Tuesday, September 16, 2008

September is my Veganniversary, although I’m not sure which date. As it’s past the 15th I’m just gonna say it’s happened. Happy birthday me!

At the London Vegan Festival we (me and the lovely, sane, totally non-fanatical and very cool zuzucooks, Pete F and lemon_spot from the PPK) were chatting about where we choose to draw the line in making our lives vegan. It is oft-repeated that in no way can we refrain absolutely at all times from harming animals – each time I drive my car I might roll over a bug, or have an insect hit my window; I feed meat to my cats and dog; I wear cotton and eat vegetables from fields where mice and insects live and might be killed in harvesting – in this way some harm is unavoidable. But where within the sphere of our own influence do I draw my line, balancing reality and reasonableness with a desire to cause as little harm as possible, comparing compassion with the possible?

I try to draw my line somewhere around the limits of what I know, what I can do, and what in my opinion strays far enough from the principle of ‘do no harm’ that pursuing it is futile and counter-productive. For example, I know that bread often contains dairy products, usually milk solids or whey. I know that it is likely that if I eat bread in a sandwich and I don’t know what brand of bread it is, that it is very possible that it won’t be vegan. I draw my line there.

However, I also know that some mono/diglycerides in bread have an animal origin. I find this stretch too far – I barely know what they are, let alone how to determine their origin from the packet. While I’ll happily assume that glycerin in soap and make-up is animal-derived, in this instance I think it’s beyond impractical and does nothing to help advance veganism. The same goes for whether the sugar in a product was processed with bone-char. Although when I buy sugar for cooking I buy a brand that I know is made without the bone-char, and I avoid beers which have been processed with milk and fish derivatives, questioning the process by which every single ingredient was manufactured is, to me, beyond what constitutes helpful and productive.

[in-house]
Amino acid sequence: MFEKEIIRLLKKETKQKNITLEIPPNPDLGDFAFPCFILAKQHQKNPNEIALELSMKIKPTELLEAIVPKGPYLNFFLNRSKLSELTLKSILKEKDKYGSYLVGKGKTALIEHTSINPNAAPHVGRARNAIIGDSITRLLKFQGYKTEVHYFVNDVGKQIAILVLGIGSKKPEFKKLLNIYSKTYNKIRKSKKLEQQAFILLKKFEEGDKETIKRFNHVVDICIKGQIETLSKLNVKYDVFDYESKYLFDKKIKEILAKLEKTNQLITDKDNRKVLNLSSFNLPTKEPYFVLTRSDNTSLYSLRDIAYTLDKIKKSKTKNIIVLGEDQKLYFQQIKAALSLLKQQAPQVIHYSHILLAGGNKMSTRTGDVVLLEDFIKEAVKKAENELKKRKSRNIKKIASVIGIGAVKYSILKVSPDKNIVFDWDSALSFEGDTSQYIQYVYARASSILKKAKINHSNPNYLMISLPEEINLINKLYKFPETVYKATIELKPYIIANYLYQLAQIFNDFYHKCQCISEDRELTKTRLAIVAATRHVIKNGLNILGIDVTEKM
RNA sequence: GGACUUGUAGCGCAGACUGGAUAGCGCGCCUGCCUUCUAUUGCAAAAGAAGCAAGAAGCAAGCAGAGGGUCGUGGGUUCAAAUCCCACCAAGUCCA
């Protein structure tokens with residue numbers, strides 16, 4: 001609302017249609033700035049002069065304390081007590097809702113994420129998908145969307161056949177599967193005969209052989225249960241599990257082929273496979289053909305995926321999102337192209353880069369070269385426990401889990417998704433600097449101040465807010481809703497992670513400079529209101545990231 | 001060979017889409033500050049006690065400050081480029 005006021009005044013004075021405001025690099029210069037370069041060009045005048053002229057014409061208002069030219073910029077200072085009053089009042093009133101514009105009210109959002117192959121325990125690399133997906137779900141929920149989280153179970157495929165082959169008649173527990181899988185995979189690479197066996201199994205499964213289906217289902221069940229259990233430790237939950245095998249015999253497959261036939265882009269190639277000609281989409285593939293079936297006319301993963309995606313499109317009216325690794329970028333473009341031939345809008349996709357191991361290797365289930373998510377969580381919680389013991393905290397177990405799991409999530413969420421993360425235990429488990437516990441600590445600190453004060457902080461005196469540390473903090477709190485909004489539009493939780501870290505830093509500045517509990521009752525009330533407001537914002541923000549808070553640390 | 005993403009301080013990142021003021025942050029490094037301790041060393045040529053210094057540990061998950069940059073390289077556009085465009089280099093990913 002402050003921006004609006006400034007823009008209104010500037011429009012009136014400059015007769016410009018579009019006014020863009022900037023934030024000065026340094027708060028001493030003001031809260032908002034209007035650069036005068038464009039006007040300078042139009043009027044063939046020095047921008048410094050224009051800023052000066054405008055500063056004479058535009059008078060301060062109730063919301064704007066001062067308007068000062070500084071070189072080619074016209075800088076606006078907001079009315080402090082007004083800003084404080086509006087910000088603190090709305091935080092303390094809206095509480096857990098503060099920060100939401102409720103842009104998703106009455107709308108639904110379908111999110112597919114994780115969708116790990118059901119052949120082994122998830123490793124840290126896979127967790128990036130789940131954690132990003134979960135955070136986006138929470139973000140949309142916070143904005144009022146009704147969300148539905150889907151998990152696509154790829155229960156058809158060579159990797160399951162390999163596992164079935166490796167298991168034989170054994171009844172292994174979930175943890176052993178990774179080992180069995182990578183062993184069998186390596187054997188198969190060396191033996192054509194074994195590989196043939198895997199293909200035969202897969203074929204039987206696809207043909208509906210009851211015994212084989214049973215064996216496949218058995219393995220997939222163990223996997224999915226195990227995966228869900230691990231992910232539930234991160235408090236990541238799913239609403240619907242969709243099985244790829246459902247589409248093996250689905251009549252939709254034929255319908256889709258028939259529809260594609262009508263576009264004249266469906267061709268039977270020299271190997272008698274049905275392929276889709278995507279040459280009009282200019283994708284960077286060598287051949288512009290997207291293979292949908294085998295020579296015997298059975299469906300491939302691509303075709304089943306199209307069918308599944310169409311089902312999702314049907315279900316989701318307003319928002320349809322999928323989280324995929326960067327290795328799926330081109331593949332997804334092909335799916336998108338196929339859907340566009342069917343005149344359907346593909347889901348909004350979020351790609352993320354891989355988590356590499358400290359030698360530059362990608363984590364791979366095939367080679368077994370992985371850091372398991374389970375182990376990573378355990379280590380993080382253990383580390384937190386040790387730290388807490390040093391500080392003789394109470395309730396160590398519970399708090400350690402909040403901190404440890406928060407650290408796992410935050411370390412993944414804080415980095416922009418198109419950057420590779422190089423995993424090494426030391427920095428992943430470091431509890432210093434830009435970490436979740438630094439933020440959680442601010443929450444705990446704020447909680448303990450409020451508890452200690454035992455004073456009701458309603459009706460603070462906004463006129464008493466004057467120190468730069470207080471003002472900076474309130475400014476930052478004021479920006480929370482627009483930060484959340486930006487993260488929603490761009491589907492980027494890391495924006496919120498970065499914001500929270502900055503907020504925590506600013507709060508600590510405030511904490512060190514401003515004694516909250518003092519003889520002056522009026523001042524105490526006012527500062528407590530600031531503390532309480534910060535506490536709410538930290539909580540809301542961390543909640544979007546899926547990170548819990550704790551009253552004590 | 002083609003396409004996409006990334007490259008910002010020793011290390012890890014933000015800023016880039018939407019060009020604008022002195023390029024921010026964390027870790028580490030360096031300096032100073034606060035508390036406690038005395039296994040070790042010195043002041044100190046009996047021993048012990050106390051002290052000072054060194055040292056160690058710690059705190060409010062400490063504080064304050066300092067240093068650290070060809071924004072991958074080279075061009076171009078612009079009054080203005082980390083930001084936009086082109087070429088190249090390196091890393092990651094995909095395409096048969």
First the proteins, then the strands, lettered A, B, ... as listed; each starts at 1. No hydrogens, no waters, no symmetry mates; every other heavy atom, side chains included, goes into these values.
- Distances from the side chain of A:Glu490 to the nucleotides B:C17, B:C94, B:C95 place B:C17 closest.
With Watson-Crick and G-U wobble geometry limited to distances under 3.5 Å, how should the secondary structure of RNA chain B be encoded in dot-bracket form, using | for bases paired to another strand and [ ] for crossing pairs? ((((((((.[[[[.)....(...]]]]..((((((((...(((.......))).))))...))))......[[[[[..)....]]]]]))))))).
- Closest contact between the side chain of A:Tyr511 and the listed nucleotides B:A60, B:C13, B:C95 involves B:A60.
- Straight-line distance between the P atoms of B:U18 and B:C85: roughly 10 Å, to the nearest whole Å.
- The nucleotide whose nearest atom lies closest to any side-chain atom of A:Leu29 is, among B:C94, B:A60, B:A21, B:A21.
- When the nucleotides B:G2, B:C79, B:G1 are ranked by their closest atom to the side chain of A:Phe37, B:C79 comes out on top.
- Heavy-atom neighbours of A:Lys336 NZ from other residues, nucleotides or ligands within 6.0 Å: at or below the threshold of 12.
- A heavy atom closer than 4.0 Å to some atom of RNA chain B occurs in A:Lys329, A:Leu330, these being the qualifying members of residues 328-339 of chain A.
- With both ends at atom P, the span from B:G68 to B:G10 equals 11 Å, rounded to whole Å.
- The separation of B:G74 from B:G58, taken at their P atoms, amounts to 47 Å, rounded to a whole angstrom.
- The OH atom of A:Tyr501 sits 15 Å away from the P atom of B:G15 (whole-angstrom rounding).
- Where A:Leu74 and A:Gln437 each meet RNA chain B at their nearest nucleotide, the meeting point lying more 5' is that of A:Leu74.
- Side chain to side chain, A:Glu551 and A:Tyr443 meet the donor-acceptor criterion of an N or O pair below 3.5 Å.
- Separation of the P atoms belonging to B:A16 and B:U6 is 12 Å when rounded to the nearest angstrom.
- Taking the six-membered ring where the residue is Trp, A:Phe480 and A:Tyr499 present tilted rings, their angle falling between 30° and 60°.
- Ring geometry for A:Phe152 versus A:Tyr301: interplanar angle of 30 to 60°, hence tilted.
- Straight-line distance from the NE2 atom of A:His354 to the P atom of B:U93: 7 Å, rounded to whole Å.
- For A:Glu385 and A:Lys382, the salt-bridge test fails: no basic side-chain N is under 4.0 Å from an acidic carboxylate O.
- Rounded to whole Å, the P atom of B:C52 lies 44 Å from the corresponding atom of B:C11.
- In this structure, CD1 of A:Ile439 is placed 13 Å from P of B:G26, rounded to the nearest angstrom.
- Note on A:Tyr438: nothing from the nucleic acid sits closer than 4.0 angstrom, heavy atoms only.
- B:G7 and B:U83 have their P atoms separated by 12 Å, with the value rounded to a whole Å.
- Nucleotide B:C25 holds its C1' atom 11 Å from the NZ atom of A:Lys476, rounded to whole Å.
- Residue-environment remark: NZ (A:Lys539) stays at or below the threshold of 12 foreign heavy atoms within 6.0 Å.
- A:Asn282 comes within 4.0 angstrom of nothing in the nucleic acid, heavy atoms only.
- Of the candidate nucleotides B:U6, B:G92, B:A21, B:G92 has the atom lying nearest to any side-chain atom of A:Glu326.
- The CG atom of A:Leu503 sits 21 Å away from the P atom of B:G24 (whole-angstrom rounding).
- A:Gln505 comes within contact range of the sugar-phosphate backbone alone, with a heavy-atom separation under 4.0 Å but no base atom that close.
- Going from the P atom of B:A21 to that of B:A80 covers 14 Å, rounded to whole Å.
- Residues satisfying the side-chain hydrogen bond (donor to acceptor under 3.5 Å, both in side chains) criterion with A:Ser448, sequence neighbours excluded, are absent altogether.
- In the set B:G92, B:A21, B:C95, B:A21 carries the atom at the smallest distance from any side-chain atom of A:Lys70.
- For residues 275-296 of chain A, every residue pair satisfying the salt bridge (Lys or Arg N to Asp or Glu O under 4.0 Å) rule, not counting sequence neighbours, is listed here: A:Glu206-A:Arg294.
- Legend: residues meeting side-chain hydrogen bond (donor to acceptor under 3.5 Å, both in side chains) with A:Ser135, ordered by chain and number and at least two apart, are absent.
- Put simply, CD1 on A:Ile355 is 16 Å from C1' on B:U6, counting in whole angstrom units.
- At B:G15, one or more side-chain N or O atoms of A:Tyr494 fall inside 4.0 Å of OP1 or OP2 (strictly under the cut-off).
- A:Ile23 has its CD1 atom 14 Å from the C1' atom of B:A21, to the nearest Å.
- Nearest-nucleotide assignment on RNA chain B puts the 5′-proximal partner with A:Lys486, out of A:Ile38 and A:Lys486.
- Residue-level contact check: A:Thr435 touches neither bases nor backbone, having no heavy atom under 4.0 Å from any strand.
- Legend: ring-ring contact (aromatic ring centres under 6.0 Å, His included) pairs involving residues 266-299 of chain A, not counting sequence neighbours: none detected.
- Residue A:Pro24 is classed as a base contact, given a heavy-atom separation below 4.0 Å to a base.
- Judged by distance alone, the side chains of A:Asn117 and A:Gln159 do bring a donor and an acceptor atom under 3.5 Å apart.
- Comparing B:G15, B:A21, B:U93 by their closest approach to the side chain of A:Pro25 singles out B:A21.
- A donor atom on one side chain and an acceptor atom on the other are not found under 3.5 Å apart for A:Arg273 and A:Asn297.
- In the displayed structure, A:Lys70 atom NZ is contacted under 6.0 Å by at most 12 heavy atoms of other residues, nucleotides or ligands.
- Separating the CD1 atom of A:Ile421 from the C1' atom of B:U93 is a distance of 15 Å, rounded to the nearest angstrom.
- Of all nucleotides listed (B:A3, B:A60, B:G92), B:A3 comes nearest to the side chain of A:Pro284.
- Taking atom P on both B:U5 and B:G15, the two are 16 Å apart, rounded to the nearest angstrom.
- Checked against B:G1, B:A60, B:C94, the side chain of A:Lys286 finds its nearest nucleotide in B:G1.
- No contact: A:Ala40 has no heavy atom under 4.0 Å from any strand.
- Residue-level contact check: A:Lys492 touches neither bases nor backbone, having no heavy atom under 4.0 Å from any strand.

When eating in restaurants I conduct what I consider ‘due diligence’. I ask every question I can reasonably think of to determine if my meal is vegan. In Thai or Vietnamese restaurants I ask about fish and oyster sauce. I ask about eggs in pasta, pizza dough and veggie burgers. I never eat Hokkien noodles (again, the dreaded egg) or bread and have learnt to ask specifically about honey. Where’s the line? If I order vegetables and udon noodles in black bean sauce, I won’t insist that the waiter go and read the sauce bottle to find out if it’s got lactic acid in it. In that instance I think that I have done what is fair, reasonable and honest to ensure that I am avoiding cruelty. Sure, I would check the bottle in the supermarket if I were buying it. But in a restaurant, my sphere of influence is different and I don’t consider it bending any rules to try to ensure that I don’t ruin mine and everyone else’s night by being shrewish and hysterical. And with my sphere perhaps contracting in respect of what I can control about my food, it expands with what I can do to exemplify and explain veganism to the others sharing my table, which in my opinion is vitally important.

So am I being a bad vegan and compromising my beliefs for convenience? I don’t think so. My primary reason for being vegan is for the animals, not for my own health. Although I firmly believe that a non-animal diet is healthier and safer for humans and the planet, my prime driver is animal welfare and rights. In that way, if I inadvertently consume some lactic acid that my olives were preserved in, I don’t think I’ll suddenly develop a hideous disease. What I do think is that I don’t ever want to be ‘that’ vegan – the one who helps perpetuate the stereotype of the rabid irrational fanatic, unable to live in the real world or be around others. I would be doing more to turn peoples’ faces away from my real concern that helping demonstrate and facilitate a calm and genuine understanding of the issues. By being clear about what I will and won’t eat and the reasons why, coupled with the understanding that I must be able to work within the world to change it, I think the path I’ve chosen is balanced and productive.

I’d be interested to know where others draw their line – but ultimately we are all doing the best we can in the way we think is best.

1 comment:

Lizzy said...

Happy veganniversary! Fantastic post. Gosh I didn't even know about lactic acid until I read this. Woops!